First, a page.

Winter Water Quality Assessment of the Whitemud River and Willow Creek Watersheds
Cumulative landscape disturbances have resulted in widespread declines of lotic fisheries across Alberta, and the nutrient inputs from surrounding land management practices have been linked to anoxic conditions in Alberta streams. Low dissolved oxygen (DO) levels in winter can be a significant limiting factor for fish production, particularly for cold-water fish species in Alberta, such as Arctic grayling, bull trout, Athabasca rainbow trout, and westslope cutthroat trout. Past measurements suggest winter DO falls below the federal guidelines for cold water species in some Alberta streams, and approach sub-lethal levels in others. In winter 2016/17 we began broad-scale monitoring across two watersheds to determine if winter DO levels may become limiting for Arctic grayling in the Whitemud River watershed of NW Alberta, and for westslope cutthroat trout in the Willow Creek watershed in SW Alberta. We installed datasondes to monitor under-ice DO levels at eight locations on the Whitemud River, and six locations on Willow Creek and conducted bi-weekly measurements with hand-held DO meters at all datasonde stations, and on all major tributaries entering the mainstems. Based on datasonde data, we observed unsuitable DO levels at 5 of 7 locations on the Whitemud River mainstem, and 3 of 5 locations on the Willow Creek mainstem.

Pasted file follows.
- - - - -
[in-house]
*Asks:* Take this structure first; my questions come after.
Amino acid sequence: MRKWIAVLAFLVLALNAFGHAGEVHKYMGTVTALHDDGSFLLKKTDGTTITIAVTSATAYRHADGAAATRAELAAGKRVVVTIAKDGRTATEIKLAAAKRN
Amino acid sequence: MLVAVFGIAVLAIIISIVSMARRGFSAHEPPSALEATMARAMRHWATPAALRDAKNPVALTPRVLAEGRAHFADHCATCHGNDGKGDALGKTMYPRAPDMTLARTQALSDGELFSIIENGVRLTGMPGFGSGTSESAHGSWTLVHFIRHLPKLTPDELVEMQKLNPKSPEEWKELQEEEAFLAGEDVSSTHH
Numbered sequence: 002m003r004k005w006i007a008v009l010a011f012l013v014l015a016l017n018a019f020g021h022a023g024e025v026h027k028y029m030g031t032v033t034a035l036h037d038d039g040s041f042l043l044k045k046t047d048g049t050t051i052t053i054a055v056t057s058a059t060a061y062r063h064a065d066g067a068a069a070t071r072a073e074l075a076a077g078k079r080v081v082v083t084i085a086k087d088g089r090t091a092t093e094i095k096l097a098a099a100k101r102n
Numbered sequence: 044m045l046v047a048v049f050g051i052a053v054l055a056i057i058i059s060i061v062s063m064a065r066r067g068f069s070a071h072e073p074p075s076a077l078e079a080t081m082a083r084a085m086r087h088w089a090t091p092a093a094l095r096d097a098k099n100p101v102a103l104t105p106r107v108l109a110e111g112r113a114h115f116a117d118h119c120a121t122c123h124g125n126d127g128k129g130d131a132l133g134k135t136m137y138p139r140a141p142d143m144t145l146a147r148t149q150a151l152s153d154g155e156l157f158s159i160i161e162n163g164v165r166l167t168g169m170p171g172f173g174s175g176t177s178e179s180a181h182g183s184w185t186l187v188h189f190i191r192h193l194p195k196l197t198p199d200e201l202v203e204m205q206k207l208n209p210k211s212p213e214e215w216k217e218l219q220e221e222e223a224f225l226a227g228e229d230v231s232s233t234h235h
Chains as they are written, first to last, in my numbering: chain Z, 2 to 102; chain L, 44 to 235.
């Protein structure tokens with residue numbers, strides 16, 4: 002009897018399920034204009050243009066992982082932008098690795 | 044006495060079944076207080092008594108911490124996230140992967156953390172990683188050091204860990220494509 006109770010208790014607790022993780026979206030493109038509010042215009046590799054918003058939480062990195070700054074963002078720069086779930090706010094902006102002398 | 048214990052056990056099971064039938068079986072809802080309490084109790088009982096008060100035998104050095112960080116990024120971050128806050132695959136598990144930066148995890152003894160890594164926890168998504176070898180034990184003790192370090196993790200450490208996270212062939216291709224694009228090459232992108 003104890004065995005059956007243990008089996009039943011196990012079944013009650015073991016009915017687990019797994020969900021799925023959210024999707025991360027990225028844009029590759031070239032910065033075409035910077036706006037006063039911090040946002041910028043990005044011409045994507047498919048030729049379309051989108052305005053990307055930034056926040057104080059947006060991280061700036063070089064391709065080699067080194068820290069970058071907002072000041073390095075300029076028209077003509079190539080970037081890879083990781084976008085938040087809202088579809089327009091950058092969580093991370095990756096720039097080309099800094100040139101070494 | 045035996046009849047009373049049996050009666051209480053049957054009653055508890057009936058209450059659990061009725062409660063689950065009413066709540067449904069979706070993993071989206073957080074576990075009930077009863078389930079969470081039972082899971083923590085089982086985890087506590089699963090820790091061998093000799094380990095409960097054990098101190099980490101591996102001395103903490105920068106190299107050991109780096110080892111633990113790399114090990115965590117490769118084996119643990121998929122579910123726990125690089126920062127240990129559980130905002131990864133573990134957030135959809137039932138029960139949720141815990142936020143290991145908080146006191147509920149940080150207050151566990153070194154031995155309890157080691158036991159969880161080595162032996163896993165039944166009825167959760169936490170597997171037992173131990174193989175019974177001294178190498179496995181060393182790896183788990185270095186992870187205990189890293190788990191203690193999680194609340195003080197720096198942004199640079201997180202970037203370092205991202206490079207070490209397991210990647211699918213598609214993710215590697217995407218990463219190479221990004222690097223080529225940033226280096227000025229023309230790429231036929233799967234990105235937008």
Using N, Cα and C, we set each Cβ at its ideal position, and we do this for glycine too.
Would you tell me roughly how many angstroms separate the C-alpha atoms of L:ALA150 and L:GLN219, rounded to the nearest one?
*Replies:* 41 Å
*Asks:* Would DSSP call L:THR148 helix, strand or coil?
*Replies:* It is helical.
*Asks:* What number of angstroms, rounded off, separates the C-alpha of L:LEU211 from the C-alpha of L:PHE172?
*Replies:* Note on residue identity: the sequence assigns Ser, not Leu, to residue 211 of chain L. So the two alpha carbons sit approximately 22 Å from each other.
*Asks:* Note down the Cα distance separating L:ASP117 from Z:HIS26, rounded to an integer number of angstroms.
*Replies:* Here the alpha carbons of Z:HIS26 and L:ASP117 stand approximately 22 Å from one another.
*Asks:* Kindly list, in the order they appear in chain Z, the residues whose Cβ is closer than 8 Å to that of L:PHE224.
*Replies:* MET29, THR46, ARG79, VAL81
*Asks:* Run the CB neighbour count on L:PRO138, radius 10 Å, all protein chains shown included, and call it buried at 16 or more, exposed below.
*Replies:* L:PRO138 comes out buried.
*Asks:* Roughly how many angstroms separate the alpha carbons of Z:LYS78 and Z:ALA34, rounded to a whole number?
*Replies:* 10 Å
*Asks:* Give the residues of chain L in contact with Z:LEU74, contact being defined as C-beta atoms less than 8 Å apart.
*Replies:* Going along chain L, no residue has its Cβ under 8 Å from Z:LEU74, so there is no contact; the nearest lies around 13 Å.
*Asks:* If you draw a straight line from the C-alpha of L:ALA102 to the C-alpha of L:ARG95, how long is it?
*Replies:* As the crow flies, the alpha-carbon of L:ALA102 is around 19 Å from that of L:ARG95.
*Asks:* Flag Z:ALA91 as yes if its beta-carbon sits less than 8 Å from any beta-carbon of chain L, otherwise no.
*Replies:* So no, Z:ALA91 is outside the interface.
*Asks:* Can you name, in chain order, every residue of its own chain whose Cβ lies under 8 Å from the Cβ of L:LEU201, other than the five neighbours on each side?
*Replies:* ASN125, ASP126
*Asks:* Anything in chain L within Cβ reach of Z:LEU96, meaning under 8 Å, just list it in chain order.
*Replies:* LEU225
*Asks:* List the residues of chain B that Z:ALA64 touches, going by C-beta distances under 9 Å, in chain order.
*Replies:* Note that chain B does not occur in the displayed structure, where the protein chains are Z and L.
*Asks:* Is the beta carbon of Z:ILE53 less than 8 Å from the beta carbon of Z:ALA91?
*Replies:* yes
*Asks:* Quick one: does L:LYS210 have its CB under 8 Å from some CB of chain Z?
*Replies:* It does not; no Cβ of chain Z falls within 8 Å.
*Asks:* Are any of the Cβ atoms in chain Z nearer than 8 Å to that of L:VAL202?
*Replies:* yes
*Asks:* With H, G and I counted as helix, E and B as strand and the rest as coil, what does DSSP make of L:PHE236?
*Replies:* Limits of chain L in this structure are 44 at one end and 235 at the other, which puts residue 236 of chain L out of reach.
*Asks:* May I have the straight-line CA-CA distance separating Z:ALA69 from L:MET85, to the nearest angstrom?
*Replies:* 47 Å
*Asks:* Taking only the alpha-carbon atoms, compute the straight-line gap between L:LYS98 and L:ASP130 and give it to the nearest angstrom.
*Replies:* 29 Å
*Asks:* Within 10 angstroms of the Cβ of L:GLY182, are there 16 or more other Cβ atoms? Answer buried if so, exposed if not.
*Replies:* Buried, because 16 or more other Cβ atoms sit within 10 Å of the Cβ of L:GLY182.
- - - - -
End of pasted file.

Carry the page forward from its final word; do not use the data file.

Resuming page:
Alberta Environment and Parks, Cooperating landowners
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|Winter Water Quality Assessment of the Whitemud River and Willow Creek Watersheds||2017-2018||1|